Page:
harlan kellaway's blog // Chromebooks for Development - Why and How

Published 02-09-2014

Chromebooks are wonderful for certain things -- they're fast, they're light, their interface is seamlessly integrated with Google products that many already rely on. What sets Chromebooks apart from Windows PCs, Apple Macs, or those systems running Linux is a novel type of operating system (Chrome OS) born of increasing computer experience dominated by app-oriented mobile devices and cloud-based web applications.

Chromebooks lack the ability to download applications that run independent of the Internet (for example, Excel or ITunes). This may seem like an inconvenience -- but, a system like the Chromebook does have a place in a user population where many are accustomed to the restriction of using apps on their mobile devices, are already using many Google products (who wants to pay for Microsoft Office when they can use Google Docs??), and can survive without downloading client applications. Can you describe yourself like I can describe many people I know? I mostly use email, Google Docs, social media sites (Twitter, Tumblr), web-based music players (Pandora, Spotify), and web-based video players (Netflix, Hulu).

But if you are someone who wants or needs to download programs -- something inevitable for developers -- the Chromebook in its natural state just doesn't suffice. But, there is hope!


Intro to the Chromebook

Chromebook users can only "download" "programs" that are available in the Chrome Web Store. It looks a lot like a smartphone's app store, right? The reason I use air-quotes is because this isn't downloading in the traditional sense and they aren't programs in the traditional sense -- just about every app from the Chrome Web Store is tied to the Chrome web browser. Many are simply browser extensions. Many are simply links to websites!

What Chrome OS does is give users the feel of using a traditional operating system interface -- there's a toolbar, there's icons to click, files can be saved in folders, etc. -- but most "programs" are links to web-based applications or Chrome browser extensions. Chrome OS users are not allowed to download stand-alone applications that aren't explicitly provided by Google.

An example: I cannot download the Spotify application, but downloading the Spotify app from the Chrome Web Store gives me an icon in my Apps menu (akin to the Start menu on Windows machines) that, when clicked, simply opens a tab in the Chrome browser to the Spotify website. Same goes for Google Docs -- much like I might click a Microsoft Office Excel icon on the toolbar of a Windows or Mac machine, clicking the Google Sheets icon on a Chromebook opens a Google Docs spreadsheet in the Chrome browser.


Why would you buy a Chromebook?

While it's been an adjustment to not be able to download any program, any time I want, I'm still drawn to the Chromebook. It's comforting to know that if my machine exploded tomorrow, I could afford to get a new Chromebook and pick up right where I left off fairly effortlessly.

I'm not saying that doesn't have its downsides -- there's been debates for quite a while now as to whether Google ethically uses the vast amount of information it gathers and, if so, whether it may not one day. It's important to be aware of privacy concerns related to using Google products and decide how you'll mitigate that -- perhaps by not even getting a Chromebook.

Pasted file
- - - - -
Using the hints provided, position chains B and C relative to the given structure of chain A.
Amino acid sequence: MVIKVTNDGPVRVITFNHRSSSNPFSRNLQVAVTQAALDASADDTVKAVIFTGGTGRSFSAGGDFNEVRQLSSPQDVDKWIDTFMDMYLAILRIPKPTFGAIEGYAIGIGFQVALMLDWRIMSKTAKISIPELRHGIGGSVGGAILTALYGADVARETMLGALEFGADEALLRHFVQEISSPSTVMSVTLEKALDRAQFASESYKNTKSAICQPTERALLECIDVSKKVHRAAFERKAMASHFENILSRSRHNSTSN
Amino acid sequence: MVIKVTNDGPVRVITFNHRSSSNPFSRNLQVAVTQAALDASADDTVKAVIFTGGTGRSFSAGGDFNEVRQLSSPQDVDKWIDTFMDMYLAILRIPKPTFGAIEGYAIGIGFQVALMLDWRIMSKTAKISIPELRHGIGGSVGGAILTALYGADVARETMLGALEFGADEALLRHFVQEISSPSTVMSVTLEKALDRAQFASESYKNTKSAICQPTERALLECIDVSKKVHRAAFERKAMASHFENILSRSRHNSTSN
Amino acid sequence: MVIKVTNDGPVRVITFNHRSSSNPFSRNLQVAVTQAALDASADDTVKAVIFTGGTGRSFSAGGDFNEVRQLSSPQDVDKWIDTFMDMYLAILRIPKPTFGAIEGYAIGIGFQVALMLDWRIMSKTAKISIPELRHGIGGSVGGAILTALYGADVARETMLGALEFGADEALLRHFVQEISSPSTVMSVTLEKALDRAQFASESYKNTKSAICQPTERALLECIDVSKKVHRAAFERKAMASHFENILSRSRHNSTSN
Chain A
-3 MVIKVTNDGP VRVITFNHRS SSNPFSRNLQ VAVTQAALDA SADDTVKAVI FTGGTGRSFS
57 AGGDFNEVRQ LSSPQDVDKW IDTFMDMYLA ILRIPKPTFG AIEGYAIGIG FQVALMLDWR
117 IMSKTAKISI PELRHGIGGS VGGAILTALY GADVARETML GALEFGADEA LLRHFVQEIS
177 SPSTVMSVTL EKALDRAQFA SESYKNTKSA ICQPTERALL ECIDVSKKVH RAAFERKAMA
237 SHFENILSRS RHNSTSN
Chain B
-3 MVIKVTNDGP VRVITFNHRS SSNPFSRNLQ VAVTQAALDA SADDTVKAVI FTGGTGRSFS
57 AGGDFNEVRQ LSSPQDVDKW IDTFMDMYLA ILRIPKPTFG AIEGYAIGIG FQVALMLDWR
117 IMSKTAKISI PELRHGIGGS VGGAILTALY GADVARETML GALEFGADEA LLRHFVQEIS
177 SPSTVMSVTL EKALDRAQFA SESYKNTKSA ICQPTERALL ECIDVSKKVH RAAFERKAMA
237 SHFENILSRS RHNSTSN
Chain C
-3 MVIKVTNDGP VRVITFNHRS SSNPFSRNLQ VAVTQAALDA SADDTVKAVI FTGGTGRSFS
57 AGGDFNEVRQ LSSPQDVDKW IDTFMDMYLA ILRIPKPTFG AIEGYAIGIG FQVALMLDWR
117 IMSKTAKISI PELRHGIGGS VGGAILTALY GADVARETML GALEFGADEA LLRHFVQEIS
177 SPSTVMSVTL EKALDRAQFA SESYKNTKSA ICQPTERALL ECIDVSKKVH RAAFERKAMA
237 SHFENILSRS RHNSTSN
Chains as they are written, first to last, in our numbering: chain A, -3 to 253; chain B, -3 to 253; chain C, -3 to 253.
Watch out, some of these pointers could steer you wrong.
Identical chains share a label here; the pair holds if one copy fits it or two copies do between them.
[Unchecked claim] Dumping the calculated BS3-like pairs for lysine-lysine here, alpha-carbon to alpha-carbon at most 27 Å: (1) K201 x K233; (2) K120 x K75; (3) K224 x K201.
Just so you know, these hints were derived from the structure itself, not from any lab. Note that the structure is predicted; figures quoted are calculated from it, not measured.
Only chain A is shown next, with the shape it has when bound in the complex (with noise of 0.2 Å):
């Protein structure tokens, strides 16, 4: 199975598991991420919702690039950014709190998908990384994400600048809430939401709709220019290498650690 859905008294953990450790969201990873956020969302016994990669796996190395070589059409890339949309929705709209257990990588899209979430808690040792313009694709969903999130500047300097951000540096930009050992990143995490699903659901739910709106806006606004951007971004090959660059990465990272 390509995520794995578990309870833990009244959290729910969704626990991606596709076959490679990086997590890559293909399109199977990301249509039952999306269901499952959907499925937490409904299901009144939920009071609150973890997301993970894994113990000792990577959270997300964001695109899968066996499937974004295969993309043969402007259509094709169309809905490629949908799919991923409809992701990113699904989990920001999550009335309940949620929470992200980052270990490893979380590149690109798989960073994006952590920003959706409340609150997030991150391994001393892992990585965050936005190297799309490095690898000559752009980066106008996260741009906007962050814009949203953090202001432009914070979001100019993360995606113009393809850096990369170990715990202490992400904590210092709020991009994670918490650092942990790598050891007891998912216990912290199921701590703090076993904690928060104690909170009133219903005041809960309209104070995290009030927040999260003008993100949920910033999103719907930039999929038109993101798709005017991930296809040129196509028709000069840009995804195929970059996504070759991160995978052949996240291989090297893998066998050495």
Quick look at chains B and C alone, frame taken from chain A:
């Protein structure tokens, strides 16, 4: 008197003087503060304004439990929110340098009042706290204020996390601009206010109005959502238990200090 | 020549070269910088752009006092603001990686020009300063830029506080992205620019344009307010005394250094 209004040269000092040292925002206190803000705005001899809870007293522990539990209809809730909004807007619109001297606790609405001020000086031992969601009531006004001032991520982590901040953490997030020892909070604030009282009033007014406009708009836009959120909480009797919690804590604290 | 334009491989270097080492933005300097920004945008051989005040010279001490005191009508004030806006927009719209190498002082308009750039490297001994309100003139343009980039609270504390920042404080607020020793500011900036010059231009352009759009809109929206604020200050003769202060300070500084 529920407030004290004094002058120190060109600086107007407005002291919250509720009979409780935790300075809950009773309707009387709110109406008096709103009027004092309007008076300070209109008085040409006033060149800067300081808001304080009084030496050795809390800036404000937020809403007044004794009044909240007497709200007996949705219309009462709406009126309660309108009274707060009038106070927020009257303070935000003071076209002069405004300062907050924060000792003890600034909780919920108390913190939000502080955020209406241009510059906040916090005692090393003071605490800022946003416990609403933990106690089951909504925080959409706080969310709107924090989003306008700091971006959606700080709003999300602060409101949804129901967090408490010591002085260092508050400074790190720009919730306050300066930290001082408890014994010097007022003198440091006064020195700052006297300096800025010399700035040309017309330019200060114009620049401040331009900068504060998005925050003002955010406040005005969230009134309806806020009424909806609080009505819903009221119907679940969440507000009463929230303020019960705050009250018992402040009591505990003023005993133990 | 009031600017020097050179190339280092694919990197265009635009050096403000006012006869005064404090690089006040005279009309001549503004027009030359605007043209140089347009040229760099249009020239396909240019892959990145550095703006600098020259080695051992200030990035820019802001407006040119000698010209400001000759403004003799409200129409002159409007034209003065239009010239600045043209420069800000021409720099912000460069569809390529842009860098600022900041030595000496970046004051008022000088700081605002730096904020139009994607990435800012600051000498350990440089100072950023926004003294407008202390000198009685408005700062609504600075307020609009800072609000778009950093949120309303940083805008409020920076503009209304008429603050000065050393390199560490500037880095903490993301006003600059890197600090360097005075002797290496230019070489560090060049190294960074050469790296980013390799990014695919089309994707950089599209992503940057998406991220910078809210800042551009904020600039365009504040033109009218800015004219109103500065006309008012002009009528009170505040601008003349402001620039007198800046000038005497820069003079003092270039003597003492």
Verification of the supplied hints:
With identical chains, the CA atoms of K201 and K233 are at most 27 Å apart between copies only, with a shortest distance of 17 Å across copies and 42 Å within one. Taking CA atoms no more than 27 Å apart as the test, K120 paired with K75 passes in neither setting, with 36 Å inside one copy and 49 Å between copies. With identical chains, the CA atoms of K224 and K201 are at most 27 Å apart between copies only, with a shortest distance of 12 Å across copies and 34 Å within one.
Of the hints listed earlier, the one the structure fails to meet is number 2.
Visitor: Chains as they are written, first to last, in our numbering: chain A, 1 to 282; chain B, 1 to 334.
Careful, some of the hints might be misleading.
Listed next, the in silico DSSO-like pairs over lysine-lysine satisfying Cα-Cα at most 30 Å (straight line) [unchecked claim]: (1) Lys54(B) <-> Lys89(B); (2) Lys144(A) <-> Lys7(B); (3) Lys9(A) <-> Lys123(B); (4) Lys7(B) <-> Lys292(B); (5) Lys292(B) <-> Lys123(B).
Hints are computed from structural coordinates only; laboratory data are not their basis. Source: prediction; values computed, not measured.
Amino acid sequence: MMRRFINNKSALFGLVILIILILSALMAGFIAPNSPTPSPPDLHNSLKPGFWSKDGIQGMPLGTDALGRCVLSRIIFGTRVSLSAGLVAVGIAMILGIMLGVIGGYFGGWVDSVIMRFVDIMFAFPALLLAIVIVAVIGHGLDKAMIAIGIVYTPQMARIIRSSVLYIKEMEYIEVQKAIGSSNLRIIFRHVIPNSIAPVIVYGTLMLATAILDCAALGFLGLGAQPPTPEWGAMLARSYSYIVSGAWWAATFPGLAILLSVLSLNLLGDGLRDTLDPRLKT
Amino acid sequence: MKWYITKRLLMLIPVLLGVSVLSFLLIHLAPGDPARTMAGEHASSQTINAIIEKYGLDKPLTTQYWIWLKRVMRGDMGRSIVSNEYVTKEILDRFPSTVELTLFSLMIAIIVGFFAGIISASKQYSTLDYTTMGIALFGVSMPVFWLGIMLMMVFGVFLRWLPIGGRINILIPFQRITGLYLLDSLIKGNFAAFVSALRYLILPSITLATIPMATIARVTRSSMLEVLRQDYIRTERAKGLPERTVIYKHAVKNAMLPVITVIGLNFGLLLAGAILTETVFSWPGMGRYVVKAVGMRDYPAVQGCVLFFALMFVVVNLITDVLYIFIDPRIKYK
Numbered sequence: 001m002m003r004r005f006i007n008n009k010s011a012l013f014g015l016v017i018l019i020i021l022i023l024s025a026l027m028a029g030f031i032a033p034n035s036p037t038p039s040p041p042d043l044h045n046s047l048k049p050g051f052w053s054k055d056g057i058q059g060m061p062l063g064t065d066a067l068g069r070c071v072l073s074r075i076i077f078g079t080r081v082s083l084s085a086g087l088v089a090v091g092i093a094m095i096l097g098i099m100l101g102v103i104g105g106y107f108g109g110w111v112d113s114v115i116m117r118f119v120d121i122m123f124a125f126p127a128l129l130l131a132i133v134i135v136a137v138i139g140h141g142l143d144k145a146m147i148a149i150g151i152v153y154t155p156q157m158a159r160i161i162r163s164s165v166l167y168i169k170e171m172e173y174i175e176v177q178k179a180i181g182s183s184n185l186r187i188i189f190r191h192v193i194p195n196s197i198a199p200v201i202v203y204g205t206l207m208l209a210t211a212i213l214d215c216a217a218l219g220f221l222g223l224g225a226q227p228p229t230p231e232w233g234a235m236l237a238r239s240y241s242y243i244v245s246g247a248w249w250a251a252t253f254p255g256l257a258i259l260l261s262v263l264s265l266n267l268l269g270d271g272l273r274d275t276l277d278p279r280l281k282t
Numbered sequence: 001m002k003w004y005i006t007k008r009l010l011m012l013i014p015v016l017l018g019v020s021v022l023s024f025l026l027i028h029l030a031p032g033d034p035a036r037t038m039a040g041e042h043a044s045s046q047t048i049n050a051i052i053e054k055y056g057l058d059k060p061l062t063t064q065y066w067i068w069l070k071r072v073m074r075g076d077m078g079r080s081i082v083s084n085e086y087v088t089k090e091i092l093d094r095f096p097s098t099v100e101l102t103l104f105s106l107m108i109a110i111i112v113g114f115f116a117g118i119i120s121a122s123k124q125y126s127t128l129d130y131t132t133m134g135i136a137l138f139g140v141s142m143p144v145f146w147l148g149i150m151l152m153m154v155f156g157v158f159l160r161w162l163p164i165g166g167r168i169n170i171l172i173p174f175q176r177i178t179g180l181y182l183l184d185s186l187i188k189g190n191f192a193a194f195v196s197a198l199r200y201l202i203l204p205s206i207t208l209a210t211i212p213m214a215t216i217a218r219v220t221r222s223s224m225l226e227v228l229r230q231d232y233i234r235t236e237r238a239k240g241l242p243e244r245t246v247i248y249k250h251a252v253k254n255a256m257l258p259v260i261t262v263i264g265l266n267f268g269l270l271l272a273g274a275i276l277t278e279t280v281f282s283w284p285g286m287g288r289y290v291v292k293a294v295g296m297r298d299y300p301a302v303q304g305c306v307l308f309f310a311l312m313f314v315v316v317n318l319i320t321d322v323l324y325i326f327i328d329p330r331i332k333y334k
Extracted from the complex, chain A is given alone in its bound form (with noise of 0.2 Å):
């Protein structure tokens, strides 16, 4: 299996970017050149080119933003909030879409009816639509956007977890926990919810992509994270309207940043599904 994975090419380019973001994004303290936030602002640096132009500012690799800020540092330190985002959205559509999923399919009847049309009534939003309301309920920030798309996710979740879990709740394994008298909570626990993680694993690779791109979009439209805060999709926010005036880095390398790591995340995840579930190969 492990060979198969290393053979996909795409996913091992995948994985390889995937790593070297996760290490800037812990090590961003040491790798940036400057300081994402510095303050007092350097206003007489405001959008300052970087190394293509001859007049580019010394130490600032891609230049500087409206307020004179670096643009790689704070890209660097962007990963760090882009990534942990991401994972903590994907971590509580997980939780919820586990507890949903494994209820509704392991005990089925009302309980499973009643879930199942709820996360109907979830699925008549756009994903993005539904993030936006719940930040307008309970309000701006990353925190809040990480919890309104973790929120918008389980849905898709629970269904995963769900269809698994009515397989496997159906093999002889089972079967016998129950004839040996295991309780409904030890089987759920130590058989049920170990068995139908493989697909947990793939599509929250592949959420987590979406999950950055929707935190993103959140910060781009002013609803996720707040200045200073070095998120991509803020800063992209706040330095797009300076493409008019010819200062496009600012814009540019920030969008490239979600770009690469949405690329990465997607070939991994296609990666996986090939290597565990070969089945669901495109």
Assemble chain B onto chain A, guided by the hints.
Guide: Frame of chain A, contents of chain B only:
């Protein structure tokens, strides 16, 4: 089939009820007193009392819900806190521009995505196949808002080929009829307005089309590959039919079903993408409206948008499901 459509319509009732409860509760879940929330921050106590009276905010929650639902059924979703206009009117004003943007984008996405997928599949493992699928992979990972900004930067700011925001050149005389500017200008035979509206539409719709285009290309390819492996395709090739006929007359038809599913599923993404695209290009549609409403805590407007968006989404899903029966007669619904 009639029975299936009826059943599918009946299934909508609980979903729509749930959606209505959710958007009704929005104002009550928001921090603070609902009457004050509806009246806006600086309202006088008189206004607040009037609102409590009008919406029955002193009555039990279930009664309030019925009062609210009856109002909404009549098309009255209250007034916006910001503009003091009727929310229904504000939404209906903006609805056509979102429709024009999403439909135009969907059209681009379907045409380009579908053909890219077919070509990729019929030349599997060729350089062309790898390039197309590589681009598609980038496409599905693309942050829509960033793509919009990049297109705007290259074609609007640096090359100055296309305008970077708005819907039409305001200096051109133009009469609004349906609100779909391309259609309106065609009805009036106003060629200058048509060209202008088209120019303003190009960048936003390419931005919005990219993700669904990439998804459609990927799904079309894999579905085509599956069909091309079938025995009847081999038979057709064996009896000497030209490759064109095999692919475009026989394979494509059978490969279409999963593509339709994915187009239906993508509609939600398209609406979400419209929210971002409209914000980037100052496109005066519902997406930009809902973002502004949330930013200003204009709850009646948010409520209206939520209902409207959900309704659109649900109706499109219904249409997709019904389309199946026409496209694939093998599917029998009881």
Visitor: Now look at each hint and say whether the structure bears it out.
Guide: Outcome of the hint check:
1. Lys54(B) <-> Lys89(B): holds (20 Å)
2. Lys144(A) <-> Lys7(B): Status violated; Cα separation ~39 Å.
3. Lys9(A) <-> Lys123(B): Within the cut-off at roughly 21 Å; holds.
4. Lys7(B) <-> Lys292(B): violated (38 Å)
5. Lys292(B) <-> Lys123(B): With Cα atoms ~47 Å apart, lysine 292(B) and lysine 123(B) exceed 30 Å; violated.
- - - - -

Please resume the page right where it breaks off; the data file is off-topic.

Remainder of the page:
Development on a Chromebook

For a developer using a Chromebook, it can be a hard pill to swallow: whatever coding practices you may have had on your Windows PC or your Apple Macintosh or your Linux box -- you can forget about them on the out-of-the-box Chromebook. No Eclipse, no MySQL Workbench, no Emacs, no Git! Impossible, you say. Yes - impossible without some hacking.

It should be noted that there are some apps that give you text editors and FTP access to web server files (e.g. Cloud 9 IDE) -- but for a more robust environment, getting Linux to run on your Chromebook is your best bet, given Chrome OS has a Linux foundation.

Getting Linux to run side-by-side with Chrome OS is made possible by an open-source project called Crouton. The Linux environment that Crouton helps you install can be switched back and forth to-from your Chrome OS environment. Everyday tasks can be done in Chrome OS; development can be done in the Linux.

There are a ton of tutorials out there on how to get Crouton up and running on your Chromebook, so I won't repeat it -- rather, I'll point you to my favorite personal tutorial:


This tutorial mentions placing Crouton on an SD Card -- there is an advantage here in that your Crouton environment will then be portable and will not crash if your Chromebook crashes. That being said, in my Crouton experiments, the information on my SD Card did get wiped out periodically, and I was never sure why. Take plenty of backups and if you do development work that can be public, you can back your work up on GitHub!

After Crouton is installed and you're comfortably able to switch between the Chrome OS and Linux environments (and are comfortable using a Linux OS), you can use your new Linux environment to download preferred development tools. Before you do anything major (and during and after), make sure to take backups!

Happy coding.

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